Let’s take a look at some numbers. . .
In the off-year election 2010 Republican Charlie Crist ran as an independent, after losing the GOP primary to Marco Rubio. Rubio won the election, but failed to outvote Crist and the Democrat Kendrick Weeks. They totaled 2.71 million to Rubio’s 2.65 million. Between the 3 the total was about 5.36 million votes. Crist actually flipped in January 2011 to being a Democrat.
In the presidential year election of 2012, 8.19 million votes were cast in the Senatorial race between Bill Nelson and Tea Partier Connie Mack , with Nelson absolutely slaughtering Mack, 4.52 million to 3.46 million. 2.83 million more votes were cast — presumably because of the Presidential election being a big draw. Certainly with Mack trailing so badly, the 8.19 didn’t come out for the Senate race, as was the case in 2010.
That is the background for this election, numbers-wise. This being a presidential year again, we should be expecting about 8.2 million again, perhaps a bit more. In neither year 2010 or 2012 did the GOP candidate garner more than 3.5 million votes. Rubio, with not even outvoting the combined Crist-Meeks tandem, has no real history running against a real Democrat. Crist, being a moderate and eventually a Democrat, garnered many Democratic votes, as he was seen as a much stronger candidate than Meeks — out-polling him by 600,000. So it is impossible to tell what Rubio would do head-to-head with a real Democrat.
But he is going to have to draw about 1.6 million more votes than he did in 2010 — just to be close.
For comparison of Democrat vs Republican head-to-head, in the 2004 election Mel Martinez won 3.67 million to 3.59 million over Betty Castor. Then in 2006 Bill Nelson clobbered wacko Katherine Harris 2.89 million to 1.83 million. So, as expected, the vote totals are very much higher in presidential years than off years — 7.26M to 4.72M. That is 54% higher.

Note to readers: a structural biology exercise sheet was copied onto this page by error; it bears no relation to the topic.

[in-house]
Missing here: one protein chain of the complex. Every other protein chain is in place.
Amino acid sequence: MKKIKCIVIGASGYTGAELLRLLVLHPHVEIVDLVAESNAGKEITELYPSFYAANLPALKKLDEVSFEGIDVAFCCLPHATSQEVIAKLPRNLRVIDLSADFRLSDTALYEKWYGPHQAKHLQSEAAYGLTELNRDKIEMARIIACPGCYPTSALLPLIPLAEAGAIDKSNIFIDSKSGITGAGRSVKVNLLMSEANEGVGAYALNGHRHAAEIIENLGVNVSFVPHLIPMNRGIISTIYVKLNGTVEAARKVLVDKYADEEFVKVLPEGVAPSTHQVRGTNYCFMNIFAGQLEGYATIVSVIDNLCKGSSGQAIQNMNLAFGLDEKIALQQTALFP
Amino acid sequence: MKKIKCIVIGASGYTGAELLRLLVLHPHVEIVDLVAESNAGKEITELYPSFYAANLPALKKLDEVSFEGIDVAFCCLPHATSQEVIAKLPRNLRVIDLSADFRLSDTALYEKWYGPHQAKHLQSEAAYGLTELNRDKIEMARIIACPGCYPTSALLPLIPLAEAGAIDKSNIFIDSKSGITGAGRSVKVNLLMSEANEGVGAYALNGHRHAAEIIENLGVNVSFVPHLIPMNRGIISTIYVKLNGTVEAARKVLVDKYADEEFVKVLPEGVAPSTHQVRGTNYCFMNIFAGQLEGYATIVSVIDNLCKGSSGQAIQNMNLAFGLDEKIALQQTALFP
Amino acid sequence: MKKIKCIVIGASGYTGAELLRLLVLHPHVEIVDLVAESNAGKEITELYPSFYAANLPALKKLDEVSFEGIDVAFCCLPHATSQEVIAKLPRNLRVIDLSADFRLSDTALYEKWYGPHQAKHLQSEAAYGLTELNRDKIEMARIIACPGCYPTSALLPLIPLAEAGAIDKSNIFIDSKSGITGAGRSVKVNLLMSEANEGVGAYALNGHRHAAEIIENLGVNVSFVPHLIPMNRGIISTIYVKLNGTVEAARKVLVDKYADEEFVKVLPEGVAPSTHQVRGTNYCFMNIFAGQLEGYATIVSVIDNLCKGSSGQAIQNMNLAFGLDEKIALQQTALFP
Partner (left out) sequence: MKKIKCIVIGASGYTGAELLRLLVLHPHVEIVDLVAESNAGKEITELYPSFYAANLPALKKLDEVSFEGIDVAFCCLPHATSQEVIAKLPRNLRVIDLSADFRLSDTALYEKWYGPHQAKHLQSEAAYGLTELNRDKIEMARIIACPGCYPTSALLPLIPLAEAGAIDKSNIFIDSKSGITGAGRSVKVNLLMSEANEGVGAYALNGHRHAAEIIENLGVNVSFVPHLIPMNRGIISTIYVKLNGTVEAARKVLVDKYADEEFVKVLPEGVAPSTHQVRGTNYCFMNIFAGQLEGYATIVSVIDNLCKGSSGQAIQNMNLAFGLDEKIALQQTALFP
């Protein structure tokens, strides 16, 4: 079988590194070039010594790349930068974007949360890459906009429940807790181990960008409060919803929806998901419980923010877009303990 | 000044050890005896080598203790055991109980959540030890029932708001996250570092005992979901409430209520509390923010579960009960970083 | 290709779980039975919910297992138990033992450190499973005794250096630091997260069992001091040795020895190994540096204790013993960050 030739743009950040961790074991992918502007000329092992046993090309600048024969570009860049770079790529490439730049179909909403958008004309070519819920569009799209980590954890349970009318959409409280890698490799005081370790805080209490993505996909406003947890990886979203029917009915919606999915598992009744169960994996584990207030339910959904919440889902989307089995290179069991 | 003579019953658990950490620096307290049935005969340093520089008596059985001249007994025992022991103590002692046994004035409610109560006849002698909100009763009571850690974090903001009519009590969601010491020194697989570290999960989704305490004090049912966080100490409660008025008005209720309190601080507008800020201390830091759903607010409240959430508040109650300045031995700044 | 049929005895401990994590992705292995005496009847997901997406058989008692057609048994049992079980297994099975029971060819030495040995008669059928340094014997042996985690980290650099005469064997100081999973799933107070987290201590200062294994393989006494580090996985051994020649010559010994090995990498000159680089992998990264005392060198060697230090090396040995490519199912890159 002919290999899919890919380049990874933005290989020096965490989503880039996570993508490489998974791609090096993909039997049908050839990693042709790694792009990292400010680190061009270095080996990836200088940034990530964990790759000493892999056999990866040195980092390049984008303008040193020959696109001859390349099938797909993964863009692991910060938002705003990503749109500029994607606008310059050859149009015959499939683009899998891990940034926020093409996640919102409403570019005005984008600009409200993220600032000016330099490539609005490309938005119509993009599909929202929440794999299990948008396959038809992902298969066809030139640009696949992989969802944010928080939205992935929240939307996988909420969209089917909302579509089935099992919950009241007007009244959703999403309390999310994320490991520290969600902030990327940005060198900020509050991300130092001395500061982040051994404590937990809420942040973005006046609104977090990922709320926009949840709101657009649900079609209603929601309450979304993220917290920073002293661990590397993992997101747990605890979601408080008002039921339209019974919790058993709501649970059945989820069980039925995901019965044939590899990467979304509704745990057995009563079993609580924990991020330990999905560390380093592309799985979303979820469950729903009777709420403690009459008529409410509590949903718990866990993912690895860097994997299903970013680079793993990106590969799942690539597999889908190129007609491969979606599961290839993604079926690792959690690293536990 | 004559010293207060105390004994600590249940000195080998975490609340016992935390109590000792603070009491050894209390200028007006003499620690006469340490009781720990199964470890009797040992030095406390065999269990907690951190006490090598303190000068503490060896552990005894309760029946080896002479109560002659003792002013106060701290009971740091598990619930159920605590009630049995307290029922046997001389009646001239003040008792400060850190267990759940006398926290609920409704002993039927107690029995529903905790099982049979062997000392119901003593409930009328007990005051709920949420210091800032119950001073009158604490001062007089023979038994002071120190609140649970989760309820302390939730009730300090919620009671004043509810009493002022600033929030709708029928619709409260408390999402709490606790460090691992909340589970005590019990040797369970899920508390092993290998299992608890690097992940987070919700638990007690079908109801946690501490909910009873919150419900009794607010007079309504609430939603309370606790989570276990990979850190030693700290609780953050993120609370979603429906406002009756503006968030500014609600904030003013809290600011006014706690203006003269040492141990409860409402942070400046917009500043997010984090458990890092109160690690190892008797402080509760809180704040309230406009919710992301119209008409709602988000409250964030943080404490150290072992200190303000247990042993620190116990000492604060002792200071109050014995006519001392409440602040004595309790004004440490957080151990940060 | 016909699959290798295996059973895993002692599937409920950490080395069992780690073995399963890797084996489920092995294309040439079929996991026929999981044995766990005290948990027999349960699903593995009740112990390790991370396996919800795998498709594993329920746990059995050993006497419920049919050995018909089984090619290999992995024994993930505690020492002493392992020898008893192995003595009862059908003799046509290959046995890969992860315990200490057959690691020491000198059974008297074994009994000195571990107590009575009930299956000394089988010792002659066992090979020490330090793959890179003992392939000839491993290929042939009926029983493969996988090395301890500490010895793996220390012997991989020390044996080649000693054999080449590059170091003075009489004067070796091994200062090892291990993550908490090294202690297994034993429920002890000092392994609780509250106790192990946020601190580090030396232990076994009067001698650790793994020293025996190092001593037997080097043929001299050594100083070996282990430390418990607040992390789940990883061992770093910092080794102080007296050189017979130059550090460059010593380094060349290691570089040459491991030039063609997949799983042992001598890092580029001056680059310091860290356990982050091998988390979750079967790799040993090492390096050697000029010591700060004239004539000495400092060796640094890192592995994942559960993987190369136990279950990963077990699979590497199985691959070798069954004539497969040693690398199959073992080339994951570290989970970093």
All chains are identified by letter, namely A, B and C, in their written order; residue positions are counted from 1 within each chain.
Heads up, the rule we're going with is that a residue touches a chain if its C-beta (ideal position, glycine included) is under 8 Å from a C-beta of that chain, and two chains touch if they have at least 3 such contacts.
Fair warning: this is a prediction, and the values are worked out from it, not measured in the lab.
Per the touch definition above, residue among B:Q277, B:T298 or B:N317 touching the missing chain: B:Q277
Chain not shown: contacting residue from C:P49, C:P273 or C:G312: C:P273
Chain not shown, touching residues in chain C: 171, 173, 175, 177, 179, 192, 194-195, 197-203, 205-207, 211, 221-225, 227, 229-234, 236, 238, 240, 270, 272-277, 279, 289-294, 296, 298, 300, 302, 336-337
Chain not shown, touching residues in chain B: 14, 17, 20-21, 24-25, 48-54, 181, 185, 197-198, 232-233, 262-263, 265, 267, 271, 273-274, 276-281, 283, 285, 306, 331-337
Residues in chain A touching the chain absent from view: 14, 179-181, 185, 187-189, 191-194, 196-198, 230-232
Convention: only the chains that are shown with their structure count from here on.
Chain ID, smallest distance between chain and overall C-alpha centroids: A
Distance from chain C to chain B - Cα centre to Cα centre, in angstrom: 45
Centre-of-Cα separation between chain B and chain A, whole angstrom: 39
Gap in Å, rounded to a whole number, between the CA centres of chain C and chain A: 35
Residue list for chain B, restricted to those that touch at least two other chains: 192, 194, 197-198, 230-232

In that VERY close 2004 election, the Republican Martinez actually won Orange County and Dade County – strong Democratic bastions. Without those counties, it is likely that Betty Castor would have won. Can Rubio carry Dade or Orange counties? Not a chance.
So, Rubio has to deal with that higher vote total this year — about a million more than in Martinez got in 2004.
If Patrick Murphy runs a good, strong race, Rubio is going to be in serious trouble. Murphy is GOING to get 4 million votes — perhaps as many as Bill Nelson got in 2012, 4.5 million. Rubio is going to have to increase his vote total by 1.5 million just to stay even, to split the expected 8.2 million votes.
A candidate who the whole state knows doesn’t show up for work is going to be sore pressed to do that, to INCREASE his vote totals by 55% or more. They all KNOW he didn’t really WANT the job again, in the first place. That is Strike One. Rubio is not going to have the Republican wave as he had in 2010. he couldn’t even beat Crist-Meeks WITH the wave. And not only is he not going to have the GOP wave (and low Dem turnout). That is Strike Two. But he ALSO has the albatross around his neck, Donald Trump – he of the small hands – carrying the party banner. That is Strike Three.
Add in this, Clinton Trounces Trump in Miami-Dade, New Poll Shows :
Hillary Clinton is so much more popular than Donald Trump among Miami-Dade County voters that even a significant number of Republicans support her in the likely presidential match-up, a new local poll has found.
Clinton leads Trump by a whopping 52-25 percent, with 23 percent of respondents undecided, according to the poll by Bendixen & Amandi International for the Miami Herald, el Nuevo Herald, WLRN and Univision 23.
So, with a lead like 52 to 25, Hillary is likely going to have coattails. That is Strike Four for Rubio.
Rubio is probably going to go down. Probably by 5%, I’d guess – maybe more. That is about 400,000. That sounds about right.